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scrum master product knowledge
Last Post 03 Jul 2014 02:35 PM by Charles Bradley. 3 Replies.
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Jim Bach
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Jim Bach

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03 Jul 2014 06:19 AM
    A scrum master may have, and probably does have, multiple teams (three to four or more) spread across separate and unrelated products. As such, along with with his/her responsibilities of mentoring/facilitating the scrum processes, how much in depth knowledge of the individual products is the scrum master expected to obtain and retain?

    Thanks,
    Jim Bach
    Ludwig Harsch
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    Ludwig  Harsch

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    03 Jul 2014 06:33 AM
    None. If the Scrum Master has in depth knowledge of the product, I would wonder if the product owner is doing his job himself. An exception appies of course if the person who is Scrum Master is part of the Dev Team as well.
    The Product Owner is responsible for the product, and the Scrum Master for the process.
    Of course a minimal product knowledge can help the Scrum Master to follow discussions.
    Ian Mitchell
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    Ian Mitchell

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    03 Jul 2014 09:01 AM
    > how much in depth knowledge of the individual products is the scrum master expected to obtain and retain?

    Only as much as is needed to remove or forestall impediments, and to help the team achieve the Sprint Goal. Investing a Scrum Master with greater product knowledge could arguably be wasted effort.

    He or she can have the memory of a goldfish as far as specific product requirements are concerned. A good Scrum Master is more likely to harvest experiences by abstracting patterns from them, and which can then be used to service teams across multiple problem domains. It's an in-depth knowledge of the Scrum Framework, and experience of how best to implement it in a given situation, that is needed.
    Charles Bradley
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    Charles Bradley

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    03 Jul 2014 02:35 PM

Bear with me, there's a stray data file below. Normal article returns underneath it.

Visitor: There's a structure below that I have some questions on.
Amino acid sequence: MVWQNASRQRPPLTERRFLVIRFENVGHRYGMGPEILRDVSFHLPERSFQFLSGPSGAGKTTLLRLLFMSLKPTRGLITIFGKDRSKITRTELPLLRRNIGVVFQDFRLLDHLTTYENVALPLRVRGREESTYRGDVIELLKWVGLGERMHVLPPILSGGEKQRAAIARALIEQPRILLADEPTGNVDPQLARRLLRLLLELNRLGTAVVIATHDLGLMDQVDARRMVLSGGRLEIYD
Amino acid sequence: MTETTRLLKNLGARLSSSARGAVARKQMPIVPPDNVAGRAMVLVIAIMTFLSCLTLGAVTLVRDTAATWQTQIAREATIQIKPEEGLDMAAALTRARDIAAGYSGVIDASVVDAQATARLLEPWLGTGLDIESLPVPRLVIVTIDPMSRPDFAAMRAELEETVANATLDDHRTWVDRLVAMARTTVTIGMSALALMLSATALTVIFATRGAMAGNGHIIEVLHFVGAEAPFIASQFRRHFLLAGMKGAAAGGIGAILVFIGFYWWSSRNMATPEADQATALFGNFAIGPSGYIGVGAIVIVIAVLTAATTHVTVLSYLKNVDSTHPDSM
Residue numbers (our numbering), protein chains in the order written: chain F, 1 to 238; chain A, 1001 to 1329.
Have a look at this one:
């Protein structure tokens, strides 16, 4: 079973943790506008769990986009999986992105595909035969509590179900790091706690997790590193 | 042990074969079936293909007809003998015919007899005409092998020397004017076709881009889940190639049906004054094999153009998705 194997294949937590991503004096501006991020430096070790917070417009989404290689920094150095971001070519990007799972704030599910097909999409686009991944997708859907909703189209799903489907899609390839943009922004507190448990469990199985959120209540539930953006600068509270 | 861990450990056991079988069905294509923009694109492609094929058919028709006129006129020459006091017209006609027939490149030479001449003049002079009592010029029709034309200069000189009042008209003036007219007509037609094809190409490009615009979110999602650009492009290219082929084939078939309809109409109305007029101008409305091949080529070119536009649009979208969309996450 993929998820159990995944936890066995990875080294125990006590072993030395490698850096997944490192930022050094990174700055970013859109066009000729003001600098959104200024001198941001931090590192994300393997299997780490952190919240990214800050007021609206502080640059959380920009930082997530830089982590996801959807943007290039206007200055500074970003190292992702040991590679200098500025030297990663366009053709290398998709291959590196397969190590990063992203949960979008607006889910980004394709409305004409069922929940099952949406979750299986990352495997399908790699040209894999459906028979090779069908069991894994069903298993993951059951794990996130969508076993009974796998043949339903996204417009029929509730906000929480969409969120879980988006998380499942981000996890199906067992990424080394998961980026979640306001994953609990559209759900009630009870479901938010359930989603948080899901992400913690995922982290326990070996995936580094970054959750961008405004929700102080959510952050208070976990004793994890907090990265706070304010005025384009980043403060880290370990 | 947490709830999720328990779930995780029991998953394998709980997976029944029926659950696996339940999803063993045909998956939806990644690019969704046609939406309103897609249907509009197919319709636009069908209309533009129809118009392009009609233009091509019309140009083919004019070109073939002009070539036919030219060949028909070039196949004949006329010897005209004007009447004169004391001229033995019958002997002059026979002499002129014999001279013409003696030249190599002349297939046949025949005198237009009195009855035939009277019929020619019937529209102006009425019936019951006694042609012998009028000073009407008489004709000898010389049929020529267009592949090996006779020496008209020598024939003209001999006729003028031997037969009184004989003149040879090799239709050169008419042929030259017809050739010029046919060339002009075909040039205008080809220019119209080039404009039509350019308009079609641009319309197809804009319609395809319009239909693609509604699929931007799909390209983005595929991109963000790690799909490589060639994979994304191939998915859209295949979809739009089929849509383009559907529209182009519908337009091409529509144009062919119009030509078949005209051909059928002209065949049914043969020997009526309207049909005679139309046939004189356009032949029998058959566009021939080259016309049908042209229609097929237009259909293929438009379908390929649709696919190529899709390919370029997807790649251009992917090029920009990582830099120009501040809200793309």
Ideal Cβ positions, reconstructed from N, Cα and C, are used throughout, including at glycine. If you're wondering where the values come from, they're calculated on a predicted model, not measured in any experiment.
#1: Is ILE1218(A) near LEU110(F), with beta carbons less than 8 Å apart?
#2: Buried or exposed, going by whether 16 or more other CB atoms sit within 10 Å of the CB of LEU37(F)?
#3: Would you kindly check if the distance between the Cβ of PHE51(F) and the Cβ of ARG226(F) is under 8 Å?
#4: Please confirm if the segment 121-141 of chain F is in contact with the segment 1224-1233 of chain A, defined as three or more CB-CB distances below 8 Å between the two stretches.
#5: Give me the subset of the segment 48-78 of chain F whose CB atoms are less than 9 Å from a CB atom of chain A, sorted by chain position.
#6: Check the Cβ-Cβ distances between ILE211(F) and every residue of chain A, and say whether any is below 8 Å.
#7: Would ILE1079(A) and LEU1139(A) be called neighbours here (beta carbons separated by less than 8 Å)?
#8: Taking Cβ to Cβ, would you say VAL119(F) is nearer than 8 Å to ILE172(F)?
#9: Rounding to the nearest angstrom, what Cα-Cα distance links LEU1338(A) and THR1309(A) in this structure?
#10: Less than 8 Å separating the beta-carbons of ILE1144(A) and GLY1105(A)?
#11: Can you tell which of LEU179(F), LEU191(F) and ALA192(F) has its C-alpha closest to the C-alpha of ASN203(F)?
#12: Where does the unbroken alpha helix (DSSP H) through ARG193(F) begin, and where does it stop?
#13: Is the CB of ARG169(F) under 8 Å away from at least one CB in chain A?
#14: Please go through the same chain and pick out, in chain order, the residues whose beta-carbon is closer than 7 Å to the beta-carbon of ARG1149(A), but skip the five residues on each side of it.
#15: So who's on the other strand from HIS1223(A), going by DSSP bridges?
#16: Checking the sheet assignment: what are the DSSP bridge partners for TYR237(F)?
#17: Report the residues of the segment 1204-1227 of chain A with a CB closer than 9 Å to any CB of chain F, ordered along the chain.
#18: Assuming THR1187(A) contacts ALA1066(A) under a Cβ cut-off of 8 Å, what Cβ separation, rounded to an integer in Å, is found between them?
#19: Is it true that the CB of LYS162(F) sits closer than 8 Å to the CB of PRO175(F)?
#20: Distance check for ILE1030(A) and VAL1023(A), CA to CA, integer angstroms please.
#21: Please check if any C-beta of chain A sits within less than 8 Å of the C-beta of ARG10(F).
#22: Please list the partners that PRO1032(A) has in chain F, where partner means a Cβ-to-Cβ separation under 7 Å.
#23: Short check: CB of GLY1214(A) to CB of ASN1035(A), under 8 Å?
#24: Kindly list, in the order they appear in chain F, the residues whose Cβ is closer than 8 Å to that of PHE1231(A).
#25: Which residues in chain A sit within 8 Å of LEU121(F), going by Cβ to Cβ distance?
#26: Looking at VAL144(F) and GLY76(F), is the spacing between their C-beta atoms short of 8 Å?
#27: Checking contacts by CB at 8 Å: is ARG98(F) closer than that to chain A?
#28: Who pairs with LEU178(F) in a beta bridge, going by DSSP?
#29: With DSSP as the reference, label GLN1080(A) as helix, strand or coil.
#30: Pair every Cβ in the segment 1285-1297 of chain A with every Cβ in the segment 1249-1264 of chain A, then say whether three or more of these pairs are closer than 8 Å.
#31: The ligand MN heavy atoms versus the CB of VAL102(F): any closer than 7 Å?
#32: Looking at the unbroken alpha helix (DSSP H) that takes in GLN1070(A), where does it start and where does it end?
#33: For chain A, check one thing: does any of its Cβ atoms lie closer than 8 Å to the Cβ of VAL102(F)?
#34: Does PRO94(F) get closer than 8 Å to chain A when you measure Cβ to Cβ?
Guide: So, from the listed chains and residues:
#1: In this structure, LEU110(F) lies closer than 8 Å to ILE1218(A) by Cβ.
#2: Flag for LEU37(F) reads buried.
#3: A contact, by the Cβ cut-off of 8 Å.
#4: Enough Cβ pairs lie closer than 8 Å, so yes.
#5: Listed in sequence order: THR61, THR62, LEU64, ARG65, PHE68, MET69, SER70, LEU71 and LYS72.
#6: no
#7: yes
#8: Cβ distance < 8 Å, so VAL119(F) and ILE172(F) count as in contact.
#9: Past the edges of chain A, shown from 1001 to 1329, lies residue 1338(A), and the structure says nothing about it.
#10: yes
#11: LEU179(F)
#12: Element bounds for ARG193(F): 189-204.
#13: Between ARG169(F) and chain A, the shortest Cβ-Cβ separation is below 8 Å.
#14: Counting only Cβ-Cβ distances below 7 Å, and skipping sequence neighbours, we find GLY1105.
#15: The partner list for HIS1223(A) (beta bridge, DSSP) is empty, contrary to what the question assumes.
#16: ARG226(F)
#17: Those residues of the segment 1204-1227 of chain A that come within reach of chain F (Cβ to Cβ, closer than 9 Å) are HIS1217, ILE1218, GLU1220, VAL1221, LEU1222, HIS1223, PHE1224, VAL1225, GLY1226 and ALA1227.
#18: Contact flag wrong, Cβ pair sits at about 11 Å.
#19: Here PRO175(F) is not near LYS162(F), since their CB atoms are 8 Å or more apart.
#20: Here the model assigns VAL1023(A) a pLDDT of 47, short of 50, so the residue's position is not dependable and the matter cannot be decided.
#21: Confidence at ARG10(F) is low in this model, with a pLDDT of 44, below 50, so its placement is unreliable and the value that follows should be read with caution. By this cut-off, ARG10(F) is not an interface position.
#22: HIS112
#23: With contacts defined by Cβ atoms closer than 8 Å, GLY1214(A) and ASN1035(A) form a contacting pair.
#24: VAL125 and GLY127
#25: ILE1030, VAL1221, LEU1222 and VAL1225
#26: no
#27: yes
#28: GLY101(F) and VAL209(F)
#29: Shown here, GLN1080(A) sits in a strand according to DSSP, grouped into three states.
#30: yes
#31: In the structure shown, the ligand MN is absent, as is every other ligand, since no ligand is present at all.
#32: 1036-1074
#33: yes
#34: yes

> A scrum master may have, and probably does have, multiple teams (three to four or more) spread across separate and unrelated products.

    In practice, I have never seen a person who can fulfill the SM role in any quality way for more than 2 teams. I also have heard many horror stories from others about having 3 or more teams. Even theoretically, I could only be ok with 3+ teams *if and only if* the SM is very advanced in Scrum, AND if the Scrum Teams themselves are very advanced/skilled in practicing Scrum.

    As to the original question, I've personally seen SM's do well with product knowledge in their role regarding:

    <snipped from Scrum Guide -- not a contiguous snip/quote>
    Scrum Master Service to the Product Owner...
    The Scrum Master serves the Product Owner in several ways, including:
    * Finding techniques for effective Product Backlog management;
    * Helping the Scrum Team understand the need for clear and concise Product Backlog items;
    * Understanding product planning in an empirical environment;
    * Ensuring the Product Owner knows how to arrange the Product Backlog to maximize value;
    * Facilitating Scrum events as requested or needed.

    Scrum Master Service to the Development Team
    The Scrum Master serves the Development Team in several ways, including:
    Coaching the Development Team in self-organization and cross-functionality;
    Helping the Development Team to create high-value products;
    Removing impediments to the Development Team’s progress;
    Coaching the Development Team in organizational environments in which Scrum is not yet fully adopted and understood.

    Scrum Master Service to the Organization
    The Scrum Master serves the organization in several ways, including:
    Helping employees and stakeholders understand and enact Scrum and empirical product development;
    Causing change that increases the productivity of the Scrum Team;
    </snipped from Scrum Guide -- not a contiguous snip/quote>

    So, while I've found that product knowledge helps with all of the above, it's not absolutely required to fulfill the role of the SM well. The main reason product knowledge is helpful with the above is that, when the SM is teaching the team effective PBL techniques and empirical product planning techniques, it's very helpful to couch that advice in the current context of the current product.

    Now, if you have an SM that is able to fulfill the time required to fulfill the SM role well, they will naturally gain enough of the product context to complete the above in a few sprints. OTOH, if you have an SM who has 4 teams and all they do is "run from meeting to meeting", then they will likely never gain enough product context. But the root cause of this 4 teams problem is not lack of product knowledge, it's the lack of knowledge/support/respect from the org for the SM role. So, get the org on board with 1-2 teams per SM(without a lot of non Scrum responsibilities), and the product context will occur naturally, and the SM will be more effective.

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